I don't think it will matter much if you apply for a reverse mortgage either through a mortgage broker or a bank. As far as I know, the rates and fees are more or less the same.
Posted on: 08th Jan, 2009 09:55 pm
My mom is 84, she has 180000 tax debts, which have run up andis paying back a 150000 mortgage debt on her house- housevalue is about 700000 can sch still get a reverse mortgageg
Posted on: 19th Mar, 2009 03:15 am
Reverse mortgage is available if there is equity in the property. As your mom's property does not have equity, I doubt whether she would get a reverse mortgage.
Posted on: 19th Mar, 2009 10:56 pm
Is it adviseable to have an attorney present at the closing of a reverse mortgage? What does an attorney typically charge for this service?
Posted on: 28th Mar, 2009 07:41 am
Welcome hermangail,

It would be good for you if an attorney is present at the closing. However, the charges would differ from one attorney to another.
Posted on: 29th Mar, 2009 10:27 pm
I understand that under Reverse Mortgage rules, one must live in the home as principal residence the majority of the year. Can you clarify this--can one own a time-share of vacation home--what is majority of the year?
Posted on: 17th Jul, 2009 02:27 pm
well, majority is more than half, ann; so i guess the ruling would be that you must live there at least 6 months plus a day.

i'm not quite sure if you're asking if it is allowable to own a time share or vaction home, but that seems to be the question. you can definitely own either or both.
Posted on: 18th Jul, 2009 05:22 am
I plan to buy a condo at 98k. Use reverse mortage. I don't need any monthly money to live on out of house. How does this affect my benificeary after I die. Does he sell house and pay off loan. Does interest accumulate over years I am in house? Will that make total of house to be sold more than original cost?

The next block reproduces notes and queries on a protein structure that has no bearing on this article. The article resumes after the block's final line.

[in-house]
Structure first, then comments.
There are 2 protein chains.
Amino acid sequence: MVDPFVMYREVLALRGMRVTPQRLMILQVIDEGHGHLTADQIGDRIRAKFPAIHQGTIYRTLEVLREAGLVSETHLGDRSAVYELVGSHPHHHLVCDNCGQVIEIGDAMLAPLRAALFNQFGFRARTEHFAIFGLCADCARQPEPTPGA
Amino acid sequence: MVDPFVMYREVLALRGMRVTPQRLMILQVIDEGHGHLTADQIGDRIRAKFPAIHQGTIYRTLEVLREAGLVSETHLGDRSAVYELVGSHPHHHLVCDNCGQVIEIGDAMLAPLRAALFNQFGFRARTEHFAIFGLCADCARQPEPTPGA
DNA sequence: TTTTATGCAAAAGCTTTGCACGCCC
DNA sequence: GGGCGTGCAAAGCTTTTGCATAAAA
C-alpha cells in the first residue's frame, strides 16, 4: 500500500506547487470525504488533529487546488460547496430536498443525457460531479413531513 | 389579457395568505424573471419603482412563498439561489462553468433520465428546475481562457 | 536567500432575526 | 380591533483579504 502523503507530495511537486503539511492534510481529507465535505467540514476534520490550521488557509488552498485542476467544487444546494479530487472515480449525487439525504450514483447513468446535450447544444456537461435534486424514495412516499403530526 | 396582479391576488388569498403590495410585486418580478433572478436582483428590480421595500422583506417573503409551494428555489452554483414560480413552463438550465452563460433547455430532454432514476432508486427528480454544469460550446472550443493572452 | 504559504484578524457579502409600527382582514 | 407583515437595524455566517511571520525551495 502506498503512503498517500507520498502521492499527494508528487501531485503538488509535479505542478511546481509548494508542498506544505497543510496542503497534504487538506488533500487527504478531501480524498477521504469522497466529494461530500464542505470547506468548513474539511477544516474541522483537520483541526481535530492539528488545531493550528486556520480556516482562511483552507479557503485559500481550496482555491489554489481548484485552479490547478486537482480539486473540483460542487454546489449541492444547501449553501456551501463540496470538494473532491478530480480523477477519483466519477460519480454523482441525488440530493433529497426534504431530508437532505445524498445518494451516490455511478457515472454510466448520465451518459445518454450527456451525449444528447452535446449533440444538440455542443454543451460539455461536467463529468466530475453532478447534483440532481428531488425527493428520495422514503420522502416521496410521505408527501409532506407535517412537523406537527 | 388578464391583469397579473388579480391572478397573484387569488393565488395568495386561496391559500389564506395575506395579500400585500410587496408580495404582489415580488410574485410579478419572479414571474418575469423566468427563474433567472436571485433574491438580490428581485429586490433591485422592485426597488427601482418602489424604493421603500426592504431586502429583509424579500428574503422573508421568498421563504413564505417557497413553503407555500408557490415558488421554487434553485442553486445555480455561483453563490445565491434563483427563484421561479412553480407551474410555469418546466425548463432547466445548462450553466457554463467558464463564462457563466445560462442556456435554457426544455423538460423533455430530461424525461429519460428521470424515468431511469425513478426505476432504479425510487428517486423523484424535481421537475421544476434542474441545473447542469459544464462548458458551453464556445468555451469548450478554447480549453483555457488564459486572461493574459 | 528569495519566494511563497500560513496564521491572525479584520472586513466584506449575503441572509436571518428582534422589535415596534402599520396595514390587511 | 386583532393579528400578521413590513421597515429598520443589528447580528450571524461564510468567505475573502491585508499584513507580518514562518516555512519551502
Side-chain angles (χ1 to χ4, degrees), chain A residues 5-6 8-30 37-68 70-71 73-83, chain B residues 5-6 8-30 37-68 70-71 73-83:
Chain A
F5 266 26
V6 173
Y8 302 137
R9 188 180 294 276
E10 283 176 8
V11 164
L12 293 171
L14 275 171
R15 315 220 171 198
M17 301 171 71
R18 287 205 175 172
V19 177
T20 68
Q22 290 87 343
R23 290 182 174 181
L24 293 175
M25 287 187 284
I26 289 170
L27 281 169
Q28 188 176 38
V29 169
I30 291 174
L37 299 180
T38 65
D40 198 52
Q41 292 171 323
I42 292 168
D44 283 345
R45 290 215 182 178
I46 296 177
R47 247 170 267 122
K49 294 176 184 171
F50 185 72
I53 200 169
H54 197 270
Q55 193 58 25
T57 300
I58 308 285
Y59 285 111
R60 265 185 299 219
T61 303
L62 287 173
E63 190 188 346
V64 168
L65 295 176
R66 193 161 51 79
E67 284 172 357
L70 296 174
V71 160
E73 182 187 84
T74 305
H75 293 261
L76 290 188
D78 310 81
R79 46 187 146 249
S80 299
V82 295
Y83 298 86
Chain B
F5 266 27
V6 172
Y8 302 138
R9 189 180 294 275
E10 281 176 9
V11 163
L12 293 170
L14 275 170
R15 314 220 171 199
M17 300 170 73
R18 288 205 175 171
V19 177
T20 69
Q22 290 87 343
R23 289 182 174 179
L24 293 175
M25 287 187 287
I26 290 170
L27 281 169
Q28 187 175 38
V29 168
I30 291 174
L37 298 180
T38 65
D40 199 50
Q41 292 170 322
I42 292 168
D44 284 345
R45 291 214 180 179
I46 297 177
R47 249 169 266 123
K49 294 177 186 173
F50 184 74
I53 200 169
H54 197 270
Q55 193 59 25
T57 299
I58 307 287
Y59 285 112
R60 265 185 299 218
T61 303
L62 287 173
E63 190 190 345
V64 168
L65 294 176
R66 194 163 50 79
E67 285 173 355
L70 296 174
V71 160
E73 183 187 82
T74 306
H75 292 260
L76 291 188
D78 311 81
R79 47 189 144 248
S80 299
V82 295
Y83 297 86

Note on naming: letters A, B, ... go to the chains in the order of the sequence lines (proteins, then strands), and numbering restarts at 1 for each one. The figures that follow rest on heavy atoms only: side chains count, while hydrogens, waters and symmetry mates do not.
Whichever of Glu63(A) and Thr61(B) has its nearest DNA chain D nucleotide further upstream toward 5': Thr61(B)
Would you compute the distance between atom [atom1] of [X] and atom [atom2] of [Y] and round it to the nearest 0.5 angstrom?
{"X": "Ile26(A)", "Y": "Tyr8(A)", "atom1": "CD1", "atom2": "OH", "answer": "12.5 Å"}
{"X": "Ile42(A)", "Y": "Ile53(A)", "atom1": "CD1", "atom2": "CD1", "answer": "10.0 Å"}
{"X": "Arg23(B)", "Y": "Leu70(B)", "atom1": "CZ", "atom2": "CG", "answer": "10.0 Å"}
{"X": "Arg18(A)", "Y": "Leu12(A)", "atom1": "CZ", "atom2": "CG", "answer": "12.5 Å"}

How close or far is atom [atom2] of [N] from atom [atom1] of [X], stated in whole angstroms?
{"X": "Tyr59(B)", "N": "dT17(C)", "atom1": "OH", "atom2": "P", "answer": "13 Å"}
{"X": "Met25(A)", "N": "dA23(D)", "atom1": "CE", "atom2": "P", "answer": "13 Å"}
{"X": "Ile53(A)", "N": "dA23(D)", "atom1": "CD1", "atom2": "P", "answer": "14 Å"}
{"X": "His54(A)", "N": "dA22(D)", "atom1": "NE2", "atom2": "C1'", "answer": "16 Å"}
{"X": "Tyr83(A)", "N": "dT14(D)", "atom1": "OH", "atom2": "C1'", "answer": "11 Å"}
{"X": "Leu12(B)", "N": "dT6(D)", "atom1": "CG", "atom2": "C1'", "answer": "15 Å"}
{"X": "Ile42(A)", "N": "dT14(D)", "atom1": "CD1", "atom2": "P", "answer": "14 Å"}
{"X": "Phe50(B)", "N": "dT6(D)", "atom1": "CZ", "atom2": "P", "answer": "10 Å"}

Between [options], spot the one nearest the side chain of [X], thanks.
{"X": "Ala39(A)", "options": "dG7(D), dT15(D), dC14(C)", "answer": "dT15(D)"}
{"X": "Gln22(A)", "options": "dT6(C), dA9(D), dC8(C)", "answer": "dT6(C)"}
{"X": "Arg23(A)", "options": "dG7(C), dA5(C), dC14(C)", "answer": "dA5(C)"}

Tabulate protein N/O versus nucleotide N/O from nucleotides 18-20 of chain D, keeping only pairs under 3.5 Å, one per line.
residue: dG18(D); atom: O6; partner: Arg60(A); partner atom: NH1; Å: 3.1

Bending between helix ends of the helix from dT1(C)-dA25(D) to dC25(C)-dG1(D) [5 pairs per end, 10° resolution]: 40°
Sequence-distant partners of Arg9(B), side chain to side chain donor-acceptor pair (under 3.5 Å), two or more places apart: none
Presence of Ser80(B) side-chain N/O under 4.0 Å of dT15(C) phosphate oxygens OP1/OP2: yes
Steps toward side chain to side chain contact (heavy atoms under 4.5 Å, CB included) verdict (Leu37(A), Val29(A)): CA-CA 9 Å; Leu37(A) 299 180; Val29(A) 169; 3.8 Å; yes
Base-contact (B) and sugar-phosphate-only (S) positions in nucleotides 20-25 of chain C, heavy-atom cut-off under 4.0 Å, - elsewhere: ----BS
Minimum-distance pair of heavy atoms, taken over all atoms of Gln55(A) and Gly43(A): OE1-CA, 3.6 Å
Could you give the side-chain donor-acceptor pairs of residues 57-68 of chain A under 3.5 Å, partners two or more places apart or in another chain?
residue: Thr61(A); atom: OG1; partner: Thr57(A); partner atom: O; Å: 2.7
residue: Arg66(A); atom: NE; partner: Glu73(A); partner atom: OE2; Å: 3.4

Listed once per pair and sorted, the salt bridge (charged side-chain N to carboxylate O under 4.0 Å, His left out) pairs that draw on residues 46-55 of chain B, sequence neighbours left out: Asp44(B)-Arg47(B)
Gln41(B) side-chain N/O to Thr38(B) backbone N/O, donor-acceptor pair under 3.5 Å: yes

Posted on: 27th Sep, 2009 07:45 am
there is some confusion. you want to purchase condo by means of reverse mortgage? is it true?
Posted on: 27th Sep, 2009 09:15 am
hi wilma,

the interest on the reverse mortgage will accumulate over the years. on your death, the entire reverse mortgage amount plus the interests will become due and your beneficiaries will have to pay it off. they will not be personally liable for the loan. but if they want to keep the home, they will have to refinance the property and satisfy the reverse mortgage amount. if they cannot refinance, the mortgage company will repossess the property and sell it off to recover the loan balance.


Posted on: 30th Sep, 2009 05:51 am
>>you want to purchase condo by means of reverse mortgage? is it true?

Posted on: 06th Nov, 2009 02:47 pm
>>Does he sell house and pay off loan.

If he wants. He can also refinance the Reverse Mortgage with a Forward Mortgage or Reverse Mortgage and keep the house.

>>Does interest accumulate over years I am in house?

Yes, it's a negative amortization mortgage.

>>Will that make total of house to be sold more than original cost?

If you live long enough, the Lender could end up being negative on the mortgage (if you owed more on the Reverse Mortgage then the house was worth).
Posted on: 06th Nov, 2009 02:57 pm